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Do Not Disturb

Dir: Yvan Attal. France. 2012. 92mins

Do Not Disturb, Yvan Attal’s French-language remake of Lynn Shelton’s 2009 Humpday is visually slicker than the original, but hardly a must-see despite good performances from a name cast likely to attract French - and other European - audiences. As a transposition to France of a rotgut American indie, this lowkey comedy with a dramatic undertow is certainly honourable. But that’s not the same as being consistently compelling.

Attal offers some scenes in which sound and image are decoupled to pleasing effect and the film sustains mild curiosity about how the two pals will resolve their predicament.

Perhaps the most interesting avenue the film opens up, is whether there’s some discernible difference between the way a female filmmaker treats the premise of two straight male friends gearing up to sodomise each other on a dare vs. the vision a male director brings to the same material.

The opening frames consist of Ben (Attal) servicing his wife Anna (Laeticia Casta) doggy style, their soft moans and heavy breathing conveying pleasurable consensual sex.  They’re interrupted by the insistent ringing of their doorbell at 2 am, courtesy of Jeff (François Cluzet), a weather-beaten and footloose long-lost pal who has been doing “the Kerouac - Easy Rider thing” in Mexico and beyond. The two men are back-slappingly, bear-huggingly, thrilled to see each other.

Anna is fairly gracious considering she’s ovulating and this is their window of opportunity to produce a much-desired pregnancy.

Jeff soon lures working stiff Ben to a freewheeling gathering hosted by a lesbian couple (played by Asia Argento and Charlotte Gainsbourg) in a loft overflowing with people who transgress societal norms for breakfast. (You’ve gotta love the French film-funding bodies that contribute to a movie in which Gainsbourg wears a rubbery hot pink dildo held erect in a harness while contemplating a three-way with Argento and Cluzet.)

In what seems like a good idea at the time, Ben and Jeff make drunken plans to have sex with each other on tape in order to enter the American amateur porn festival called Hump.  Ben gets on the phone and reserves a hotel room.

By virtue of his well-appointed home and major babe of a wife, Ben seems too solid a citizen to be so easily swayed by walking clichés of alternative lifestyles, even while drunk. That, of course, is part of the alleged point: That until the idea of entering a video in the Hump festival comes up at the party, having-sex-with-my-fellow-heterosexual buddy was on neither guy’s bucket list. And now it is, formulated as a date with destiny although neither man has the slightest interest in dating the other. Will either one “blink” and back out?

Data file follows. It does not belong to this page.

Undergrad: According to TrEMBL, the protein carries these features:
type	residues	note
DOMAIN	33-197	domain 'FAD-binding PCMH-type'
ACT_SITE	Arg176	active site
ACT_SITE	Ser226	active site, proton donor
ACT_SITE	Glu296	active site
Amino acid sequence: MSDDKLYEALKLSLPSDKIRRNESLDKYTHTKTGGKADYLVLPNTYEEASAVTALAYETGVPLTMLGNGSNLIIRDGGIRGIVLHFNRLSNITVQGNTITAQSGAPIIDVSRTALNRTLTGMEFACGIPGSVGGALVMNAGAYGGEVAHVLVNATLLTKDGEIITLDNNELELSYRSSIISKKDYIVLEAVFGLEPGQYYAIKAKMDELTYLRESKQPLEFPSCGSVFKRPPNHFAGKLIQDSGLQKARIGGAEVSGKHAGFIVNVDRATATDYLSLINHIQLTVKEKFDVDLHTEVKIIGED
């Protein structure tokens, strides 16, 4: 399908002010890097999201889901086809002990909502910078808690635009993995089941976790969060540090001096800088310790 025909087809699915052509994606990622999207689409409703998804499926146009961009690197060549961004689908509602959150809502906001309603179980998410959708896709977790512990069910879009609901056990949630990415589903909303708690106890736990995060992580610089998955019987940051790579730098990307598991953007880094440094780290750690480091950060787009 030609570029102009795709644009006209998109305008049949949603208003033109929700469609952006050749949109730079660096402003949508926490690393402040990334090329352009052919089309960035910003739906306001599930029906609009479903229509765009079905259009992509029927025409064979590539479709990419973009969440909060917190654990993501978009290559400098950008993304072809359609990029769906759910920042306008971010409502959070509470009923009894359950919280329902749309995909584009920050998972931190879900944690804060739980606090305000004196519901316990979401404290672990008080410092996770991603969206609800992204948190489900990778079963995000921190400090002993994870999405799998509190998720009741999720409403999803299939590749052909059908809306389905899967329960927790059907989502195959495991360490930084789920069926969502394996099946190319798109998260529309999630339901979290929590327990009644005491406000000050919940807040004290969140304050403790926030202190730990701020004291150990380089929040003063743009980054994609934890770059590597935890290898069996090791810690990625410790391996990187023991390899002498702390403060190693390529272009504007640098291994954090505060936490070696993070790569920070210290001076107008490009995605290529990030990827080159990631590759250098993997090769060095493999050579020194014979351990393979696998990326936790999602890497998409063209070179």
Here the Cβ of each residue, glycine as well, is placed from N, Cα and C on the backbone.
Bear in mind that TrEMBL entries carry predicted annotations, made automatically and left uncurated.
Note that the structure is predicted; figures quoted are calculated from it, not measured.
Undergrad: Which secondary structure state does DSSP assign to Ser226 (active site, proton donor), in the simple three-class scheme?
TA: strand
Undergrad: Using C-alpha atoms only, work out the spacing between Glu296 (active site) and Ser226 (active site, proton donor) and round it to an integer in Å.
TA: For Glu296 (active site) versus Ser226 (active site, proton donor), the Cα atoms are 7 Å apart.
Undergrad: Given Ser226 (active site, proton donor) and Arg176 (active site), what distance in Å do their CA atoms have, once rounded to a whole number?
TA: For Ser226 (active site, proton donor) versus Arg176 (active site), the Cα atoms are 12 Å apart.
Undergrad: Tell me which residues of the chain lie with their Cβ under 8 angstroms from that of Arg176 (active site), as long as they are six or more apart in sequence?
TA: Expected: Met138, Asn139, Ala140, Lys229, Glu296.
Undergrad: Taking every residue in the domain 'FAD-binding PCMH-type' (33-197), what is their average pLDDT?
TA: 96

Cluzet, now 57, and Attal, 10 years his junior, are way older than their American models, Joshua Leonard and Mark Duplass, were and that makes the tale a tad odd yet not completely contrived. We’re told that Jeff and Ben attended art school together, but neither seems like an erstwhile artist who needs to get something out of his system at this late date.

The film fancies itself an exploration of gray areas in sexuality, probing whether it’s possible to force oneself into an unvisited part of the Kinsey spectrum in the guise of an artistic act rather than a sex act. But the proceedings come across more as asking whether one is honour-bound to go through with a commitment made in an altered state of consciousness, initially egged on by strangers. The stakes are too nebulous to feel entirely urgent or real, although the action appears to be packed into one eventful weekend.

Ben’s wife is not supposed to find out that he’ll be cheating on her with Jeff.  The reaction when Casta (excellent throughout) is asked for her Metro ticket by two transit inspectors on the night she learns what her hubby’s “art project” really consists of, is a comic highlight, 50 minutes in.  Not long after, the entire film picks up when Ben and Jeff end up in an enclosed space with time to burn and confessions to offer.

Unlike his previous feature outings, Attal (My Wife Is An Actress, And They Lived Happily Ever After) did not originate the project. He was asked to adapt and direct by the French rights holder. Attal offers some scenes in which sound and image are decoupled to pleasing effect and the film sustains mild curiosity about how the two pals will resolve their predicament.

The camerawork tends toward roving and nervous but settles down when the action turns more serious in the hotel room finale.

Production companies: Les Films 24, TF1 Droits Audiovisuels, France 2 Cinema, Films Sous Influence International sales: TF1 International

Producer: Mikael Abecassis

Executive producer: Frederic Bruneel

Screenplay: Yvan Attal, Olivier Bercot, based on the film Humpday by Lynn Shelton.

Cinematography: Thomas Hardmeier

Production designer: Thierry Francois

Editor: Jennifer Augé

Main cast: Yvan Attal, Francois Cluzet, Laeticia Casta, Asia Argento, Charlotte Gainsbourg, Joeystarr

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